Hour Fifteen

A thin stand of oak trees obscures the cornfields that stretch out to the horizon. The landscape changes, but nothing else. Big interstates like this one make the country into a single place: McDonald’s, BP, Wendy’s. I know I should probably hate that about interstates and yearn for the halcyon days of yore, back when you could be drenched in local color at every turn— but whatever. I like this. I like the consistency. I like that I can drive fifteen hours from home without the world changing too much. Lacey double-belts me down in the wayback. “You need the rest,” she says. “You’ve been through a lot.” It’s amazing that no one has yet blamed me for not being more proactive in the battle against the cow.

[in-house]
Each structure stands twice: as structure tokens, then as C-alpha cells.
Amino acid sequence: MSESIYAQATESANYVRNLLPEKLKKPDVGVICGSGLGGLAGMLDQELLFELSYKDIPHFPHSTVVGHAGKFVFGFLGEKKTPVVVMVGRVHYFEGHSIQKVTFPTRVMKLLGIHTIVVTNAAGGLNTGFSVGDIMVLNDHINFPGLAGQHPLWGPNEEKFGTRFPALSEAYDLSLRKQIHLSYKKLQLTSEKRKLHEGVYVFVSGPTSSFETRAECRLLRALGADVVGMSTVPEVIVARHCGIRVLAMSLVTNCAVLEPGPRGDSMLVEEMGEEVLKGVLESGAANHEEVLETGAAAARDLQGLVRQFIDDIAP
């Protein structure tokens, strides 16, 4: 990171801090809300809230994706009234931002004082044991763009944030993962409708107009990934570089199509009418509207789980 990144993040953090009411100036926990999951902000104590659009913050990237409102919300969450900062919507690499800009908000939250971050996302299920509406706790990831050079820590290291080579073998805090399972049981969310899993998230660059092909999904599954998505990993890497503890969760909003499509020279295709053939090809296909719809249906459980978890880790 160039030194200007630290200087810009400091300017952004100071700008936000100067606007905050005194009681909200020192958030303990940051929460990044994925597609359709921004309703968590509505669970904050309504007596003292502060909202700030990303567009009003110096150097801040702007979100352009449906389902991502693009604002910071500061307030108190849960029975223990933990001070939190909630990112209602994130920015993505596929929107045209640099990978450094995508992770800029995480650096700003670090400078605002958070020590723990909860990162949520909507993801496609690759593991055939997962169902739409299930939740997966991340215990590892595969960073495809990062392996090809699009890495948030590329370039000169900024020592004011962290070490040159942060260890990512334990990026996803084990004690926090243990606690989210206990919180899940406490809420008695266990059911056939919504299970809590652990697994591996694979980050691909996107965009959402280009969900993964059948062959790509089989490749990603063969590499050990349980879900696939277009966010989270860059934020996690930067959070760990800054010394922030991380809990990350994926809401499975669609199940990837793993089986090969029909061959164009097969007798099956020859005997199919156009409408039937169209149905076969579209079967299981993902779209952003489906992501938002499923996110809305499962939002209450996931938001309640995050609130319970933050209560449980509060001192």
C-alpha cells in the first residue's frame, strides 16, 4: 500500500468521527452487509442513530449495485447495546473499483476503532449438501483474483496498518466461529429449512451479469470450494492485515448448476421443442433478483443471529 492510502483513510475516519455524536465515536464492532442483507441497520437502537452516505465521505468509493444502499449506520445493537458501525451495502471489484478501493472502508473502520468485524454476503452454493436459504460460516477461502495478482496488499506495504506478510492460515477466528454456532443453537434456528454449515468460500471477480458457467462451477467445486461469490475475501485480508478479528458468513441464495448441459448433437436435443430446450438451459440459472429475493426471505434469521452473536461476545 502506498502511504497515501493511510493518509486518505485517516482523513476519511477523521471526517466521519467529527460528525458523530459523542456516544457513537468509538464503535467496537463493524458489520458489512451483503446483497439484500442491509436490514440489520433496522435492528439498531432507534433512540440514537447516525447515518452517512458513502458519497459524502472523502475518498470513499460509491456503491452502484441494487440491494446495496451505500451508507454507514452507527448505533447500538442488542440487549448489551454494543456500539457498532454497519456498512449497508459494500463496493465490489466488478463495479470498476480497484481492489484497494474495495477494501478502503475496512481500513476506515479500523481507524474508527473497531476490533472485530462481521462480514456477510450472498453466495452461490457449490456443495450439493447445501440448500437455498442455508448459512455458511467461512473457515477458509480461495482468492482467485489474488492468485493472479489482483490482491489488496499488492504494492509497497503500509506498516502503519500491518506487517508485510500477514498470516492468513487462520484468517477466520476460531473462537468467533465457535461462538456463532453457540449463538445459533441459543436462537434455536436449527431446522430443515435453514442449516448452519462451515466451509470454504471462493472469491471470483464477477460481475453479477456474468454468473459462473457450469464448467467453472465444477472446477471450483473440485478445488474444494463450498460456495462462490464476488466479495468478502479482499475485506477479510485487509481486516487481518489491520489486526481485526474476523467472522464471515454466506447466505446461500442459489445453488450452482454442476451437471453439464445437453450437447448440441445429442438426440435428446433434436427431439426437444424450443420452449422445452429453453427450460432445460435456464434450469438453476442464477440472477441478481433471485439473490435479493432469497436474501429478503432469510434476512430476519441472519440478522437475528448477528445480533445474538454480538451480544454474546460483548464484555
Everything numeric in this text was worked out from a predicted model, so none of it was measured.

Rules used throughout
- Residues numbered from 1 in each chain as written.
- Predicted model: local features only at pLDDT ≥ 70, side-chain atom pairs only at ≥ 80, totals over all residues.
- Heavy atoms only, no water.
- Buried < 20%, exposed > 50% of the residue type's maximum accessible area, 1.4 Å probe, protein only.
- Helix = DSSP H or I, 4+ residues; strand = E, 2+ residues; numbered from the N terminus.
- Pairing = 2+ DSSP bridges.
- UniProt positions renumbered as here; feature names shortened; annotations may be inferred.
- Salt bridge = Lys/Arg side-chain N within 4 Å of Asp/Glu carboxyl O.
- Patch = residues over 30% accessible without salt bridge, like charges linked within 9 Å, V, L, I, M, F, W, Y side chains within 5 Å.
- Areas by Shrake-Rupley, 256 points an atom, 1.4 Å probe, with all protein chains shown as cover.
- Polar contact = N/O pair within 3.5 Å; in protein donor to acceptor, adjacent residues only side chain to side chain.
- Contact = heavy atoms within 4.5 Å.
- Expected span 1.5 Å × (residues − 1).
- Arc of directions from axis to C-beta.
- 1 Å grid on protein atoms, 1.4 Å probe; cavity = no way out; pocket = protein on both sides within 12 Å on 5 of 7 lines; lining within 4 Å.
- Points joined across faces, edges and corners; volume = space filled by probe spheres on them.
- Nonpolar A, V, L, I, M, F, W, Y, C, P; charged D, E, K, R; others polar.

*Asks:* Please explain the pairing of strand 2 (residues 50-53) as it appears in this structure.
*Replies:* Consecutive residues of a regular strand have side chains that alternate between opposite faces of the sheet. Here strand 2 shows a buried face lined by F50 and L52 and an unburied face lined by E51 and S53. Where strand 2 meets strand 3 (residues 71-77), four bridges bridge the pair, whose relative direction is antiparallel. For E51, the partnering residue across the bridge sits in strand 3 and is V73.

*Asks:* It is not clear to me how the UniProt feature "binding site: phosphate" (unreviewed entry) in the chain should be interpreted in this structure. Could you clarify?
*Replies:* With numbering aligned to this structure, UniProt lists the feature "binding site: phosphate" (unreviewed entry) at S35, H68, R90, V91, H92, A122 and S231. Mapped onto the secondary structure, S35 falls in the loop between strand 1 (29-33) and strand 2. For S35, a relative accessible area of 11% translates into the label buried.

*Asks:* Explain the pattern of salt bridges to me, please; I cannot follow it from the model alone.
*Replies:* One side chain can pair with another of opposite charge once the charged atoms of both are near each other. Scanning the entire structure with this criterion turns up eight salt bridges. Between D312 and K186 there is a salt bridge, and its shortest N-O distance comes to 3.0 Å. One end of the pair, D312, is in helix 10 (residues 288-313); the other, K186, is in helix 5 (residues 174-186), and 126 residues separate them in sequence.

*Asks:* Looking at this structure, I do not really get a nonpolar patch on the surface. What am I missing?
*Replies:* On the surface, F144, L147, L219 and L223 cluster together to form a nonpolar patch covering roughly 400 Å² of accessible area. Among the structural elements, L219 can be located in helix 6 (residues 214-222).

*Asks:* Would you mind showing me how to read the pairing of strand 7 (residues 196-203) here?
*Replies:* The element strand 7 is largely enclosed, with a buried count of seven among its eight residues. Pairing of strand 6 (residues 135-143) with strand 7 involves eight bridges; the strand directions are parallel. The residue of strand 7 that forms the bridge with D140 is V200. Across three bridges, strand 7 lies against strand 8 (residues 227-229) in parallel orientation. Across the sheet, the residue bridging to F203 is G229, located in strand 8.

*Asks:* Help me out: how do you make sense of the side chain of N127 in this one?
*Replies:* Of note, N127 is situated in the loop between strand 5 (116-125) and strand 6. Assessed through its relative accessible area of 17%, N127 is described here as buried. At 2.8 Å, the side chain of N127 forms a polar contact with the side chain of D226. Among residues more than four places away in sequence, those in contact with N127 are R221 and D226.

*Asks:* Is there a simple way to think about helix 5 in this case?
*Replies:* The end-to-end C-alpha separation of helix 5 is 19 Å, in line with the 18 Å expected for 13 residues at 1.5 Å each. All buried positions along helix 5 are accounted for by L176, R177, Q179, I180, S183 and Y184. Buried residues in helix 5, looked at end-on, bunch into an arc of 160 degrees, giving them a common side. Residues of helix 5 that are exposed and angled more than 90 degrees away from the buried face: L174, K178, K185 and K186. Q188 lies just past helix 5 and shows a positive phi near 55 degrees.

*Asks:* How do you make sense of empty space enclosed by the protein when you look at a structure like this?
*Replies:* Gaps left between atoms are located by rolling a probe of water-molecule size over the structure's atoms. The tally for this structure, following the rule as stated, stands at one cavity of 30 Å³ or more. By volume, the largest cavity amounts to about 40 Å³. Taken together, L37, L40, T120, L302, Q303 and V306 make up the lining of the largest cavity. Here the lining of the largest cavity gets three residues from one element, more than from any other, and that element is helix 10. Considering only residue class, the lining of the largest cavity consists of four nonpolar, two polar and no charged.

As I trail off, I hear them making one another laugh — not the words exactly, but the cadence, the rising and falling pitches of banter. I like just listening, just loafing on the grass. And I decide that if we get there on time but don’t find her, that’s what we’ll do: we’ll drive around the Catskills and find a place to sit around and hang out, loafing on the grass, talking, telling jokes. Maybe the sure knowledge that she is alive makes all of that possible again — even if I never see proof of it. I can almost imagine a happiness without her, the ability to let her go, to feel our roots are connected even if I never see that leaf of grass again.

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